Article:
H.R. XX: To improve certain administrative operations of the Office of the Architect of the Capitol

H.R. XX

To improve certain administrative operations of the Office of the Architect of the Capitol

Sponsor
Rep. Robert A. Brady

Date
November 16, 2010 (111th Congress, 2nd Session)

Staff Contact
Communications

Floor Situation

The House is scheduled to consider H.R. ___ under a suspension of the rules, requiring a two-thirds majority vote for passage, on Tuesday, November 16, 2010.  The bill was introduced on November 15, 2010 by Rep. Bob Brady (D-PA) and referred to the Committee on House Administration, which took no official action.

Bill Summary

The bill would authorize the Architect of the Capitol (AOC) to increase the number of AOC employees with salaries fixed in relation to Senior Executive Service scale.  The bill would authorize the AOC to fix the rate of basic pay for up to 32 employees at a level not to exceed the highest total rate of pay for Senior Executive Service ($179,700 according to the Office of Personnel Management).  Under current law, the AOC is only authorized 12 positions at the Senior Executive Service pay rate.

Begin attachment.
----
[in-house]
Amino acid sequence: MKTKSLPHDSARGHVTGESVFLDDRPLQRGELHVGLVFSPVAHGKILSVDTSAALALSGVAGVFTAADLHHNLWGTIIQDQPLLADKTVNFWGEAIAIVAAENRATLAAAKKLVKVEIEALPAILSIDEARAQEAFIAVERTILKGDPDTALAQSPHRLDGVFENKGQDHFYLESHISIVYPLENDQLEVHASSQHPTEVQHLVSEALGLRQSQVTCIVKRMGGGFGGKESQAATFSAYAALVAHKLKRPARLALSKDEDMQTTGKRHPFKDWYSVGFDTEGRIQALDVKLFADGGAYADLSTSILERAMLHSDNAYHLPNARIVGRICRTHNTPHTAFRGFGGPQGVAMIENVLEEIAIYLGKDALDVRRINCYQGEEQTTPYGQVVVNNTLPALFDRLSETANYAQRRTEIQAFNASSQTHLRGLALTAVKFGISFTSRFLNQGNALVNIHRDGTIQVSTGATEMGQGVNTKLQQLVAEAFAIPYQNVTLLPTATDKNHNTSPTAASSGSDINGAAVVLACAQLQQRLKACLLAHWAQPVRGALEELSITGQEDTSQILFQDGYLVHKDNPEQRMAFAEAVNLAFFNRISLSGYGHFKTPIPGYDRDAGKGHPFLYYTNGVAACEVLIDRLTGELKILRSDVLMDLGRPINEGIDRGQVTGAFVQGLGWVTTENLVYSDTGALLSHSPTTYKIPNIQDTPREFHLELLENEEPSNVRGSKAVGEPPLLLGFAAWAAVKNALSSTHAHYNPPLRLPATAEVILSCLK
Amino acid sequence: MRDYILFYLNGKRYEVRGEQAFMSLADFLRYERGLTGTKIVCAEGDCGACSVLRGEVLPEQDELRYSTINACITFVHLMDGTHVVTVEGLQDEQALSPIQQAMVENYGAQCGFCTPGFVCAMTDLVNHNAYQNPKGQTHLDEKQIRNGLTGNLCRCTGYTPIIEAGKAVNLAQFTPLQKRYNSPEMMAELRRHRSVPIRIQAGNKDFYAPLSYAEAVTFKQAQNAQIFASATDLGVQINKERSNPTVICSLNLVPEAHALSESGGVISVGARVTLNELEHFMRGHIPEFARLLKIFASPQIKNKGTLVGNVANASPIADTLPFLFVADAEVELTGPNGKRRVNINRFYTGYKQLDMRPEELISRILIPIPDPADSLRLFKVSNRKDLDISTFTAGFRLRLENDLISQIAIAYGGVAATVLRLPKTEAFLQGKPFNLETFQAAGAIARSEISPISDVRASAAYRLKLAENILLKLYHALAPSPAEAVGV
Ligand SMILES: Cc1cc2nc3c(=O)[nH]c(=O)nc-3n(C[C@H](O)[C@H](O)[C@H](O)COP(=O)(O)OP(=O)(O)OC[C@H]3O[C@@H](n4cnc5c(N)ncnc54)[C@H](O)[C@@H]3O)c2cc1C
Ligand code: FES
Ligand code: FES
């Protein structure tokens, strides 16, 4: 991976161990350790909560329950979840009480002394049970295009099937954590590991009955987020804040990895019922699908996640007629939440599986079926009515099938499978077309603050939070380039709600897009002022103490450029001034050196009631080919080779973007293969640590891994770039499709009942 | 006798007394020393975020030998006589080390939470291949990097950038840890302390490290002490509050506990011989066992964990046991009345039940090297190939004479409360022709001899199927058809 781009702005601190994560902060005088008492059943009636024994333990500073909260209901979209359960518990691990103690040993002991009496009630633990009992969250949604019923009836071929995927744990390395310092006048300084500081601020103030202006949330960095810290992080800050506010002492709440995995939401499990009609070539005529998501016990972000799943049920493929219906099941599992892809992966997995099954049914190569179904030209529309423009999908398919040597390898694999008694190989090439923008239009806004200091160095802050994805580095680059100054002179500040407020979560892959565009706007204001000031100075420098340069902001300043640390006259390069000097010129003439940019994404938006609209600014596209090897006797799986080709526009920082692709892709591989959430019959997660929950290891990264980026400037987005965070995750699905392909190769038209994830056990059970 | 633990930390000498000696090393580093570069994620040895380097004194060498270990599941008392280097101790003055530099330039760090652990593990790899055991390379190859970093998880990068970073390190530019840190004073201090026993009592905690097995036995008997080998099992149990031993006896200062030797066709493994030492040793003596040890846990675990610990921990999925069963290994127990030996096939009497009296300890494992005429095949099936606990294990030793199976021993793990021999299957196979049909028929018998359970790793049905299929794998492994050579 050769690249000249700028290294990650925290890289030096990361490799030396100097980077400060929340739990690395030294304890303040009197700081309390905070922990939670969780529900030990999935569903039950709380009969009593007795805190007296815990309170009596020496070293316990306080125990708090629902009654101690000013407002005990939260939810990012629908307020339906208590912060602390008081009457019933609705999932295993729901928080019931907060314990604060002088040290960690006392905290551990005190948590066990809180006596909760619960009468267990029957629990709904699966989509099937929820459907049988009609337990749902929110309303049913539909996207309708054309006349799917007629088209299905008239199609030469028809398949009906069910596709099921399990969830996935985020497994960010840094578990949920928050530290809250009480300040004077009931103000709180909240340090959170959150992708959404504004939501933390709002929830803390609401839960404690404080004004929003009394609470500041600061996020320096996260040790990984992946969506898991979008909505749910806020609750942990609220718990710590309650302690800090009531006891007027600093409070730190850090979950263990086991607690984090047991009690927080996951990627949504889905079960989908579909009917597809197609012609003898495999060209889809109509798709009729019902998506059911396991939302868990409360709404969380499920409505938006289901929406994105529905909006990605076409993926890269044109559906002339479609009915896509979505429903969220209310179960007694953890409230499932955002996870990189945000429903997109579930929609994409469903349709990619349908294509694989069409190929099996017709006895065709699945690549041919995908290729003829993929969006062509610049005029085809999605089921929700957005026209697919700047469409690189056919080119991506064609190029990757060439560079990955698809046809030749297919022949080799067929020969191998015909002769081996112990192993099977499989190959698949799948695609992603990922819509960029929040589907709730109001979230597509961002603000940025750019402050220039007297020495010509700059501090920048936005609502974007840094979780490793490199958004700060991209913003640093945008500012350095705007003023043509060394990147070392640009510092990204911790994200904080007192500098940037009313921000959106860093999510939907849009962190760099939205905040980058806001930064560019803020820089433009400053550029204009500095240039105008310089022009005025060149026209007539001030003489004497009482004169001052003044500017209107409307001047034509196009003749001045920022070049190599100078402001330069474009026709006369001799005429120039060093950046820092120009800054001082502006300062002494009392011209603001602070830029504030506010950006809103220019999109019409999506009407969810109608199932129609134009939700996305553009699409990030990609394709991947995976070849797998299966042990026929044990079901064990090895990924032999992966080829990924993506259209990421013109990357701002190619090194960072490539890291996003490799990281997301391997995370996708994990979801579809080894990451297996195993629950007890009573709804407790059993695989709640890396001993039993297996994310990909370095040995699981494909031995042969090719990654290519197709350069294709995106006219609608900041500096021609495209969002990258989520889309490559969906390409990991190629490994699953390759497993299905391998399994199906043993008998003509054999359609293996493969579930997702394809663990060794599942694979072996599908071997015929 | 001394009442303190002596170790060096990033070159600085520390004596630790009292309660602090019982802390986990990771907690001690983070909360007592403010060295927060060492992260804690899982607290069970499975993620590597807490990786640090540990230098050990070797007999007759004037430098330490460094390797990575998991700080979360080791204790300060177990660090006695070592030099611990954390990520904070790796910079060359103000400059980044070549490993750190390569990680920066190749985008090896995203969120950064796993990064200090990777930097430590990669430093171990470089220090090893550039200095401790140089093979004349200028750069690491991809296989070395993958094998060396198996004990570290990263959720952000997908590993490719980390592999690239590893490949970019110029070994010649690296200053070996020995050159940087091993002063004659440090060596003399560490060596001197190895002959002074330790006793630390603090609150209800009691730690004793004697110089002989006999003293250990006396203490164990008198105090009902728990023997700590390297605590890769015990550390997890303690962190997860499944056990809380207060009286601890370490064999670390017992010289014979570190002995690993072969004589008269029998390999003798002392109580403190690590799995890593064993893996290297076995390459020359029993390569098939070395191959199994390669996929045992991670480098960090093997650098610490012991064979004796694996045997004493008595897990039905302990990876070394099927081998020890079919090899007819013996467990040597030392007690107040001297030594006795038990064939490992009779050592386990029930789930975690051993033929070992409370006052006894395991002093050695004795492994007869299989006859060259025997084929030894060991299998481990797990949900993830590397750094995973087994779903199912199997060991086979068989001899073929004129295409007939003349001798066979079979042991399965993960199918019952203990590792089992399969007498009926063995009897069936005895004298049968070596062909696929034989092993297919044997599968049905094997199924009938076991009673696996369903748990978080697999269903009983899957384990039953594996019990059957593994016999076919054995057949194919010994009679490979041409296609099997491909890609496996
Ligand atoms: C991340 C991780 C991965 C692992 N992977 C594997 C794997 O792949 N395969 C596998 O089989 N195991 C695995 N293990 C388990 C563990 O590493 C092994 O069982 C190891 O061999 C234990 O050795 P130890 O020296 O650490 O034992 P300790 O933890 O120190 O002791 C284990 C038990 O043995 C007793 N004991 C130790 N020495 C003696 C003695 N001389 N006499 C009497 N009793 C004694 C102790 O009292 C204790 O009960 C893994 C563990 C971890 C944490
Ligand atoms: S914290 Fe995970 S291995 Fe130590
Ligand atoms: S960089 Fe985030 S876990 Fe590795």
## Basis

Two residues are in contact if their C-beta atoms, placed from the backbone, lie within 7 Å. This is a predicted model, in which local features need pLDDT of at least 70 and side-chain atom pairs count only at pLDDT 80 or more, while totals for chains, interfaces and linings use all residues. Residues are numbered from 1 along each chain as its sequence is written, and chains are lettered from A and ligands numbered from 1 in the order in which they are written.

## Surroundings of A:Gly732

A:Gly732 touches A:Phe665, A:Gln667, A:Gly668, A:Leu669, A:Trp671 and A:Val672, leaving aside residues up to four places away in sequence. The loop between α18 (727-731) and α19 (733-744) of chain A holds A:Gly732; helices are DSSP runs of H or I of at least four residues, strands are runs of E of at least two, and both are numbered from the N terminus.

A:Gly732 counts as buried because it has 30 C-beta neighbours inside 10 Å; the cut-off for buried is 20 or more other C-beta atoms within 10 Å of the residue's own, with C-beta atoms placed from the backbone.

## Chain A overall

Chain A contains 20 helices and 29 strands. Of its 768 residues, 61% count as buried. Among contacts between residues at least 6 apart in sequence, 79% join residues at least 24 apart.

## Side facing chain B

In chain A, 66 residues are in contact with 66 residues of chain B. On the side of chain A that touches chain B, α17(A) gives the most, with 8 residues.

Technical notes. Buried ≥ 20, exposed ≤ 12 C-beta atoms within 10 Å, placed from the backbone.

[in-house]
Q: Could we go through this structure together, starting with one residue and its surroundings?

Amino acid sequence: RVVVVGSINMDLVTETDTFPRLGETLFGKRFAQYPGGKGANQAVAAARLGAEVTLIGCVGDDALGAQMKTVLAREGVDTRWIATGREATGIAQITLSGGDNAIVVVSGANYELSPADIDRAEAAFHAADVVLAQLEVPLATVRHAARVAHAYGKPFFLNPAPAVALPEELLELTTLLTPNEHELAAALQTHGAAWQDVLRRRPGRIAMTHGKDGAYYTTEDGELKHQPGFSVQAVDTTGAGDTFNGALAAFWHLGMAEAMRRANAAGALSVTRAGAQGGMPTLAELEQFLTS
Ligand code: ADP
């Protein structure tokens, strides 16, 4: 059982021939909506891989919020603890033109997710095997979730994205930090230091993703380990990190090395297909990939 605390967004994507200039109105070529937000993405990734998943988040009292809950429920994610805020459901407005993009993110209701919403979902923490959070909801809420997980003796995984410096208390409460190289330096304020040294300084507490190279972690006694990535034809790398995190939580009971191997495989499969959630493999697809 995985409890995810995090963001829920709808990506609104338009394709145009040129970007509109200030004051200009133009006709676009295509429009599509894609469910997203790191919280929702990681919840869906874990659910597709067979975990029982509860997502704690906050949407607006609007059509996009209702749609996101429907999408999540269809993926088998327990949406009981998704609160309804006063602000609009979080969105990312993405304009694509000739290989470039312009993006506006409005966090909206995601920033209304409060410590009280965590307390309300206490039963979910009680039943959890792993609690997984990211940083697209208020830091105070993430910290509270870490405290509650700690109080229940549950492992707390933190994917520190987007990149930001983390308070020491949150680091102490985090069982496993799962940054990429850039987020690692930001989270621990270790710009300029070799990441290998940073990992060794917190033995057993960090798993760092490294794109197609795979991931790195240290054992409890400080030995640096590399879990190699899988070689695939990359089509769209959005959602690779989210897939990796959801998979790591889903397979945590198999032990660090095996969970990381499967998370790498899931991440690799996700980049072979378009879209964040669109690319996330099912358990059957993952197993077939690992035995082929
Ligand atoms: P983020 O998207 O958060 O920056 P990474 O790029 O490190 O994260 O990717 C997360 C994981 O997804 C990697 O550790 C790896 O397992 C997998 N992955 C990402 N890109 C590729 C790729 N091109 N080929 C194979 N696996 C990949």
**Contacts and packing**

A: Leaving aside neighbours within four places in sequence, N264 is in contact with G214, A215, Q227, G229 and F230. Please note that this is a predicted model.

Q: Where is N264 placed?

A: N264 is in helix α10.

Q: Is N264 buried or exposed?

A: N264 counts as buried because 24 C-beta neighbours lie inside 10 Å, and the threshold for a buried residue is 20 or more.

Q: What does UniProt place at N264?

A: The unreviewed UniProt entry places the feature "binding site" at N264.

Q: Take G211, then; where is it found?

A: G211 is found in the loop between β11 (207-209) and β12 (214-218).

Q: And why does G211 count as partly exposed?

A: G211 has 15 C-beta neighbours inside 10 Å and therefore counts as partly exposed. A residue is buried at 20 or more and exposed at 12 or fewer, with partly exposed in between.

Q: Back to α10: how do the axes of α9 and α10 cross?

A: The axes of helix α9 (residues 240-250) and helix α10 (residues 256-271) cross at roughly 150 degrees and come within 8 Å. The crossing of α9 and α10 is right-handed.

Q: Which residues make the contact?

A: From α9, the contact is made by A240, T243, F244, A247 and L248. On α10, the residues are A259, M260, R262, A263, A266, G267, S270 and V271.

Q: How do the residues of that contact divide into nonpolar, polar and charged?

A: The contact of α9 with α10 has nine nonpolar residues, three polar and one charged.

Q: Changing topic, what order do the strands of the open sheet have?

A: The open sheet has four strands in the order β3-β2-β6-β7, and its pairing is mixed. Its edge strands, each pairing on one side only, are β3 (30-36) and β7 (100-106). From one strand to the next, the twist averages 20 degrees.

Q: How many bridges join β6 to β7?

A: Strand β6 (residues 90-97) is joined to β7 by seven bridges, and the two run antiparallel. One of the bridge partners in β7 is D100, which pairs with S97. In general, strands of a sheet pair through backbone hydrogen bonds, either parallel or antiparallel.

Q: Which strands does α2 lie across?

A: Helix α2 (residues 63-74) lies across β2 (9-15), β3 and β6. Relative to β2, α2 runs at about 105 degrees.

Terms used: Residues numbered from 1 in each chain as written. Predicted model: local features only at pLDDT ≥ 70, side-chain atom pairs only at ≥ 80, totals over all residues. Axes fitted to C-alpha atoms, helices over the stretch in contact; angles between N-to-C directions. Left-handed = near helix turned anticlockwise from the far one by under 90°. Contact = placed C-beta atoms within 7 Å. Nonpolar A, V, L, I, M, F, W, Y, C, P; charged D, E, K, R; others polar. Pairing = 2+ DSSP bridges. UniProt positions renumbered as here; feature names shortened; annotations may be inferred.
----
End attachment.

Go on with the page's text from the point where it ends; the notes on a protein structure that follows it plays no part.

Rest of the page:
In addition, the bill would authorize the AOC to use funds appropriated for “Capitol Police Buildings and Grounds’’ since FY 2007 to acquire property for use by the Capitol Police.  Property could be acquired through “purchase, lease, transfer from another Federal entity, or otherwise.” 

Background

The Architect of the Capitol (AOC) receives annual funding through the Legislative Branch appropriations bill.  According to the Congressional Research Service, the AOC is responsible for the maintenance, operation, development, and preservation of the United States Capitol Complex.  The AOC’s jurisdiction includes the Capitol and its grounds, House and Senate office buildings, Library of Congress buildings and grounds, Capitol Power Plant, Botanic Garden, Capitol Visitor Center, and Capitol Police buildings and grounds.  In FY 2010, the AOC received $601.6 million in appropriated funding—an increase of 13.6 percent over the FY 2009 period.  FY 2010 funding also included $27 million for Capitol Police buildings and grounds, which was an increase of 42 percent above the $19 million provided in FY 2009.

Cost

A CBO estimate of the cost of this legislation was unavailable as of press time.